Continue a little farther past the lagoon and there is a place to cross the river and enter the Snake River on the other side.
The Snake River is considered a dead river as it leads nowhere other than to parallel the St. Johns to the west briefly.
Overhanging vegetation prevents most boats from getting very far into this marshy area. And yes, there are snakes on the islands.
Paddlers can also go up or downriver along the shoreline. The eastern shore is best for this. Still expect to get tossed about by boat wakes.
During the winter manatee season, the spring run is blocked off to all casual paddlers. Only park staff may enter by water.
As we discovered, the big bonus to camping at Blue Spring State Park is guaranteed entry if you book during manatee season.
We also were able to walk down to the boardwalk to watch the manatees before the crowds showed up after the park gates opened.
When Florida State Parks first started building large modern cabins in their parks, Blue Spring was home to some of the first, which we stayed in when they were new.
The six cabins have two bedrooms and a sleeper couch. Each feels like a small house, with a living room, dining room, full kitchen, and porch.
Especially for families or groups of friends, the cabins are a great value at $95 a night. One cabin is wheelchair accessible.
The campground at Blue Spring State Park is in the upland area not far from the main entrance, with easy access to the bike path.
Other than the sounds of trains passing along the edge of the park, it’s relatively quiet, being down the bluff from residential Orange City.
This is a popular destination for families to tent camp, since the campsites are tucked in a forest. Sites have picnic tables and grills, plus 50 amp power and water.
The campground has two bathhouses with hot showers and laundry. Maximum size for RVs is 45 feet. All sites are back-in.
Camping rates start at $24. Leashed pets welcome.
Manatees at Blue Spring
There is something special about this spring run to the West Indian manatee, which spends part of its life cycle in the Atlantic Ocean.
In winter, they swim up the St. Johns River from its mouth in Jacksonville to this spring run each winter to keep warm and feed their young.
As the water temperatures drop below 68°F, manatees crowd into this and other Florida springs to warm up in the constant 72°F water, essential for their survival.
As a result, more than 500 manatees may crowd into the spring run all at once. The park posts a daily manatee count.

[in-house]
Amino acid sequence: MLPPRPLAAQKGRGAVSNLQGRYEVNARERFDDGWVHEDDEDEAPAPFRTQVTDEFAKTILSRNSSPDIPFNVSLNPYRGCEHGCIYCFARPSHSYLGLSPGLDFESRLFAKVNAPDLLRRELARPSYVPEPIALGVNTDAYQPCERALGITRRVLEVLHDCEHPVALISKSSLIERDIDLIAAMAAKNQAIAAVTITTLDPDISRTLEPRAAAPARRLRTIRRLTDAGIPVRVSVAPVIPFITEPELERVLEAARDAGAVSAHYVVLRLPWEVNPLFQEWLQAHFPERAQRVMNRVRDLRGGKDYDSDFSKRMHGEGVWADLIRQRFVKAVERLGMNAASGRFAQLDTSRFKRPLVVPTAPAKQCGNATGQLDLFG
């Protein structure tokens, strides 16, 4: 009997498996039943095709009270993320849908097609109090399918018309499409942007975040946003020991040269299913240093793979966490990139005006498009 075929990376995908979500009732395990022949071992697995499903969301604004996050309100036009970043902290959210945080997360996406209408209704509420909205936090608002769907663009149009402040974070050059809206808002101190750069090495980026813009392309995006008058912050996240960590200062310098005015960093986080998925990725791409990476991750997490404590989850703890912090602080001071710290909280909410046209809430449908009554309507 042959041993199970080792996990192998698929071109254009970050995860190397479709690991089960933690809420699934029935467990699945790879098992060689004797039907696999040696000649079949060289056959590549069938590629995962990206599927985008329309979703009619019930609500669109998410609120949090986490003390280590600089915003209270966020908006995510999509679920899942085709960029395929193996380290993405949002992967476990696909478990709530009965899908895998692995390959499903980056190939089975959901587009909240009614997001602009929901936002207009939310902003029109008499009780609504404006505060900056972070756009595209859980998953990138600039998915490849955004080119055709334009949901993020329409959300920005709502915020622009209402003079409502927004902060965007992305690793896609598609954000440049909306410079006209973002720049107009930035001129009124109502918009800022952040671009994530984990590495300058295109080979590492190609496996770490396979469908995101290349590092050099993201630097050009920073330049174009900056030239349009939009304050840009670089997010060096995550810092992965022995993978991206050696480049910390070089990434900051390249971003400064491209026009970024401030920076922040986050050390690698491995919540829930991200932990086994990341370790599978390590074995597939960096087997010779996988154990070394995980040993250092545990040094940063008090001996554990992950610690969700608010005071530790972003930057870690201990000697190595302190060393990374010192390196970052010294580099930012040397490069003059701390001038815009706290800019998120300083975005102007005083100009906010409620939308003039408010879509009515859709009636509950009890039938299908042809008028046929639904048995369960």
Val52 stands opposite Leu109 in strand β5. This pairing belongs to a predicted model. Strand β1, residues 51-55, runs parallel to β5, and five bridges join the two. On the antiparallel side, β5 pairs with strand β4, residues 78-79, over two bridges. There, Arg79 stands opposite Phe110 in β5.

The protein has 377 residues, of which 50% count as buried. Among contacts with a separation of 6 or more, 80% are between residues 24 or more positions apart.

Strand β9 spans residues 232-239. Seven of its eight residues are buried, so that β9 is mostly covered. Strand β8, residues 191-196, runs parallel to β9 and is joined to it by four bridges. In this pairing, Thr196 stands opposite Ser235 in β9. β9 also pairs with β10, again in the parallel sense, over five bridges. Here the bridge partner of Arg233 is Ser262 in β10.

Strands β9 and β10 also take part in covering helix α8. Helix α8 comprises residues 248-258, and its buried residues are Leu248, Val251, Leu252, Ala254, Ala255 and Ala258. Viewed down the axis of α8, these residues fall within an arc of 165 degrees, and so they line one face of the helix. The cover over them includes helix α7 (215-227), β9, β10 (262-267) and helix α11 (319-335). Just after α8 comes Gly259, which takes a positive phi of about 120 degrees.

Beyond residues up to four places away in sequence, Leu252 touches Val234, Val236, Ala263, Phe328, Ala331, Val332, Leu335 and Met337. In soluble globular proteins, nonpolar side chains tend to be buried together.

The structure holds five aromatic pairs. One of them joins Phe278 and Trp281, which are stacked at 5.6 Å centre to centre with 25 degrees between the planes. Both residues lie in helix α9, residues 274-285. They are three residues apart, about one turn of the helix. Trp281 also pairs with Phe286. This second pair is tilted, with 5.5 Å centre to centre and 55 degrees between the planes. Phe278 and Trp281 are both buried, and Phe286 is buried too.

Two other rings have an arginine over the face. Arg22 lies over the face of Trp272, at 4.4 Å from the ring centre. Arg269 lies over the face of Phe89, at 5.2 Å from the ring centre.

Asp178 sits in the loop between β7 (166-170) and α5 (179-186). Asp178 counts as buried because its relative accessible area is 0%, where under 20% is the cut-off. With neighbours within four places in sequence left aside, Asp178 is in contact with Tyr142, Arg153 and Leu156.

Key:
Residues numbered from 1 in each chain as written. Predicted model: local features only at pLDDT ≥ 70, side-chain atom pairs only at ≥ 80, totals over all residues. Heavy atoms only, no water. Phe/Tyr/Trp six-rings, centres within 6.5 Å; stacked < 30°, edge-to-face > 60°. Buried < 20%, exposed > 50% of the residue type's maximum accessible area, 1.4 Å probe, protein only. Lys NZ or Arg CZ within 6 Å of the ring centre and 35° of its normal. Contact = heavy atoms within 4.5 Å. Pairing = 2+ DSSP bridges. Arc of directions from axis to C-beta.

Normally, the park counts at least 600 distinct individual manatees each season. Some are tagged for tracking.
Others bear obvious permanent scars on their backs, flippers, or fins from boat propellers. Each adult manatee can weigh more than a ton.
The manatees will head into the river to feed during the day and return to the warmer waters of the spring run at night.
For Florida scrub-jay sightings, birders have several choices. One is to follow the Pine Island Trail.
It leads to a T at a bench where you can go in either direction along and into an extensive area of restored scrub habitat.
The other is to use the back pedestrian / cyclist gate off the park road to join the Spring to Spring Trail.
Follow it south to reach the east edge of the same large scrub area.
A bridge over the railroad tracks provides a perfect perch for scanning the scrub with binoculars.
The upper spring run and Blue Spring itself open to swimmers after manatee season is over.
This varies according to the volume of manatees still lingering in the spring run through springtime.
Once the upper run opens, you are welcome to swim, snorkel, or float between the landings.
Paddlers may only come up to the edge of the swimming area, which is clearly marked.
On 133 acres surrounding the spring, the Thursby family built a two-story home atop a midden with a view of the St. Johns River.
Their landing became a regular stop for steamboats plying the river after the Civil War, and for local growers to ship their produce.
A short line railroad later connected the landing to Orange City, which was growing as more people moved to Florida in the 1880s.
The home contained a museum for many years, but it has not been open to the public on our recent visits.
Departing from the landing at the floating dock, the St. Johns River Cruise is a 2-hour pontoon boat tour on a smooth-riding, quiet boat.
Wheelchair accessible, these narrated nature tours take you up the St. Johns River towards Hontoon Island and Lake Beresford.
The boats venture into some of the side channels, like the Snake River, for birding and wildlife encounters.
Tours are provided by Blue Spring Adventures and can be booked online in advance. They also lead guided Segway tours.
See our photos from Blue Spring State Park
More worth exploring while you’re in this area.
An island in the St. Johns River, Hontoon Island State Park is accessible to boaters thanks to a marina big enough to accommodate a houseboat and to everyday visitors by a free ferryboat. It’s worth the short trip to see the bounteous wildlife of the St. Johns River, from wading birds to manatees to turtles lying in the sun.
Along the St. Johns River at Lake Beresford, discover the river anew through William Bartram’s eyes as he recorded his observations of alligators, fish, and flora in 1774
While pancakes and De Leon Springs go hand-in-hand thanks to the popular Old Spanish Sugar Mill Restaurant, the natural beauty of De Leon Springs is the reason to visit